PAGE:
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Thursday, February 5, 2015

Yitro: Now I Get It!

When my daughter was 12 years old, she began learning her Torah portion during weekly tutoring sessions with our temple's cantor. One afternoon while she was practicing, the cantor noticed that her voice was too soft. "That was great," the cantor said. "But I need you to do it louder."

"I'm sorry, Cantor," my daughter responded. "But I'm just not a loud person."

The cantor recounted this story to me, because she found my daughter's very interesting. My daughter didn't say that she didn't want to speak loudly, or she didn't feel like speaking loudly. If she had spoken one of those sentences, the cantor could have tried to change her mind or reverse her feelings. But my daughter's statement wasn't specific to this particular tutoring session or activity. She wasn't talking about a temporary, fleeting emotion or condition.

Instead, she was defining herself; she was expressing her understanding that she was a whole person with ongoing traits and characteristics that needed to be respected.

I think of this interaction when I come across this week's Torah portion, Yitro, which describes how Moses acquired the Ten Commandments. To be sure, the Commandments are rich with meaning and could be the subject of countless blogs. But for now, I prefer to focus on Moses' experience in receiving them.

Think about it: Up until that fateful moment on Mount Sinai, Moses surely had been feeling a host of disquieting emotions -- fear, confusion, insecurity, reluctance. Having fled from Egypt to live a humble shepherd's life, he was suddenly confronted with a burning bush and commanded to stand up to Pharoah. His dealings with Pharoah led to huge and catastrophic events for the Egyptian people, after which he found himself in the position of leading a massive group of followers on a journey toward an unknown future.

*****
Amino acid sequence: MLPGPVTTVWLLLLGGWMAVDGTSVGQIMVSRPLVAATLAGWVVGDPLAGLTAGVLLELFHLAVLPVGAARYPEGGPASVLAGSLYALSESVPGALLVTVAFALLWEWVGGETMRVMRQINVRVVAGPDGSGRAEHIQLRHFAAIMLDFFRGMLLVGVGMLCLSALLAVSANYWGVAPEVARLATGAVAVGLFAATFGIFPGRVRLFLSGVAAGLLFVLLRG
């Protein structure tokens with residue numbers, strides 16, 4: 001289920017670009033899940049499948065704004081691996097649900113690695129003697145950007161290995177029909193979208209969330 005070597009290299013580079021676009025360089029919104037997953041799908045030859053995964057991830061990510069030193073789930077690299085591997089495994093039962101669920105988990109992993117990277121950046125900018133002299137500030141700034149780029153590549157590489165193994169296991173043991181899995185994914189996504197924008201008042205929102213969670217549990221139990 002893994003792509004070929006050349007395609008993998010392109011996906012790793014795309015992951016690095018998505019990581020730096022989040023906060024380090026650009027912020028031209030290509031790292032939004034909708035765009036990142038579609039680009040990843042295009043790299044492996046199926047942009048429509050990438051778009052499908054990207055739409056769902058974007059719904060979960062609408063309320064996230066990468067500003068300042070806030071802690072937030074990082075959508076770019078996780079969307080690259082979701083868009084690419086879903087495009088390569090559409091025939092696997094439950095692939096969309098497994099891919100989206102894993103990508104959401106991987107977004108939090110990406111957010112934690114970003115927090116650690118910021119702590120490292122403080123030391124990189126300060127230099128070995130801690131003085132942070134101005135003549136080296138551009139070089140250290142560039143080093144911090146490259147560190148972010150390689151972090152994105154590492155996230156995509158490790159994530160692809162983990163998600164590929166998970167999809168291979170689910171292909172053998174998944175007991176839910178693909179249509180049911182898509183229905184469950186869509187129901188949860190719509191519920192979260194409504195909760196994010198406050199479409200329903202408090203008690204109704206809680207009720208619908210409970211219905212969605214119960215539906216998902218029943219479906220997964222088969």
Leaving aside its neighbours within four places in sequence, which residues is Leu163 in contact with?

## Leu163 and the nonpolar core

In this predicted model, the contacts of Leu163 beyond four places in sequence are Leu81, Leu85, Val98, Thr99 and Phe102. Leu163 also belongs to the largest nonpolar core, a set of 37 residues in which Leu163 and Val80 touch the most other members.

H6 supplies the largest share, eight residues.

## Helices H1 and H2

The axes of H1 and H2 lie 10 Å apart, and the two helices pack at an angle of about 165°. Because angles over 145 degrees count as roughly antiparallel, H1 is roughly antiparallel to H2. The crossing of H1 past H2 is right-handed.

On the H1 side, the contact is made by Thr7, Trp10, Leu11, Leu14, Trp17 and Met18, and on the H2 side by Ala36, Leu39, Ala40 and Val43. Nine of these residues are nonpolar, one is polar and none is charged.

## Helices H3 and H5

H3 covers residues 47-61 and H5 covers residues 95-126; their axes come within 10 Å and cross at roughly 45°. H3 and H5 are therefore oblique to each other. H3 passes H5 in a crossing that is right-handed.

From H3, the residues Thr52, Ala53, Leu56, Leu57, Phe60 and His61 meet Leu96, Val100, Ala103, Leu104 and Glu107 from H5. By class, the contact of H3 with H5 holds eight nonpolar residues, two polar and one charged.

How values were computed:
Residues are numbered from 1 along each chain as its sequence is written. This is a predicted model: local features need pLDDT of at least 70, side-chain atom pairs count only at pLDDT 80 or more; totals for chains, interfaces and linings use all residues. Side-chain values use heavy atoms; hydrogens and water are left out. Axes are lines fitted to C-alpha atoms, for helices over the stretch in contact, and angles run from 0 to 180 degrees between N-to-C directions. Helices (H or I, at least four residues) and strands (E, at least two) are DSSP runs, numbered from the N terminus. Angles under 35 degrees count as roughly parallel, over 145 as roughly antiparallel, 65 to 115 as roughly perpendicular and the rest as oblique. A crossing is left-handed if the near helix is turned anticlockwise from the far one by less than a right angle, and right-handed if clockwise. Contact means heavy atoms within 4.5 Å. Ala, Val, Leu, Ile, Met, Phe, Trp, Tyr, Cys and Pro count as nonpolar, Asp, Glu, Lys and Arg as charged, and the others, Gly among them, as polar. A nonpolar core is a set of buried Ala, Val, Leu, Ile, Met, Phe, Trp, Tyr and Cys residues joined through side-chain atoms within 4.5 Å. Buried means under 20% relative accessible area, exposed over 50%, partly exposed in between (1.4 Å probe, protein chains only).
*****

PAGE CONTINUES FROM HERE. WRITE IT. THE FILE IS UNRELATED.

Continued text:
But then God summons him and gives the Ten Commandments, and in that instant, everything becomes clear. The word often used to describe the moment when God is revealed is "revelation." But I think of it as the moment when Moses said to himself, "Oh, now I get it!"

Middle schoolers are a lot like Moses --they are asked to do things they don't understand or take on challenges they don't feel equipped for, or they find themselves following directions when they can't the point or purpose. They study math problems that don't seem to have answers, poetry passages that don't seem to make sense, friends who are inexplicably nice one day and unpleasant the next. But then, finally -- and often unexpectedly -- some strange, new connection forms in their brains between previously unrelated ideas. And that's when they blurt out, "Now I get it!"

If you've ever had the opportunity to watch a kid who finally gets it -- whatever "it" is -- you'll no doubt agree that it's a memorable moment. Their eyes light up; their mouths open wide in delight; their shoulders drop, and they fall back in their chairs, as if all the tension they've been carrying is washing right off of them. They may even let out a huge sigh, as the magnitude of this new understanding leaves them literally breathless.

How does the middle schooler in your life look when he or she finally "gets it"? What do you feel when you watch that moment of revelation, and what does your middle schooler feel? What kinds of revelations are most satisfying to him or her? What are some of the most exciting revelations he or she has ever experienced?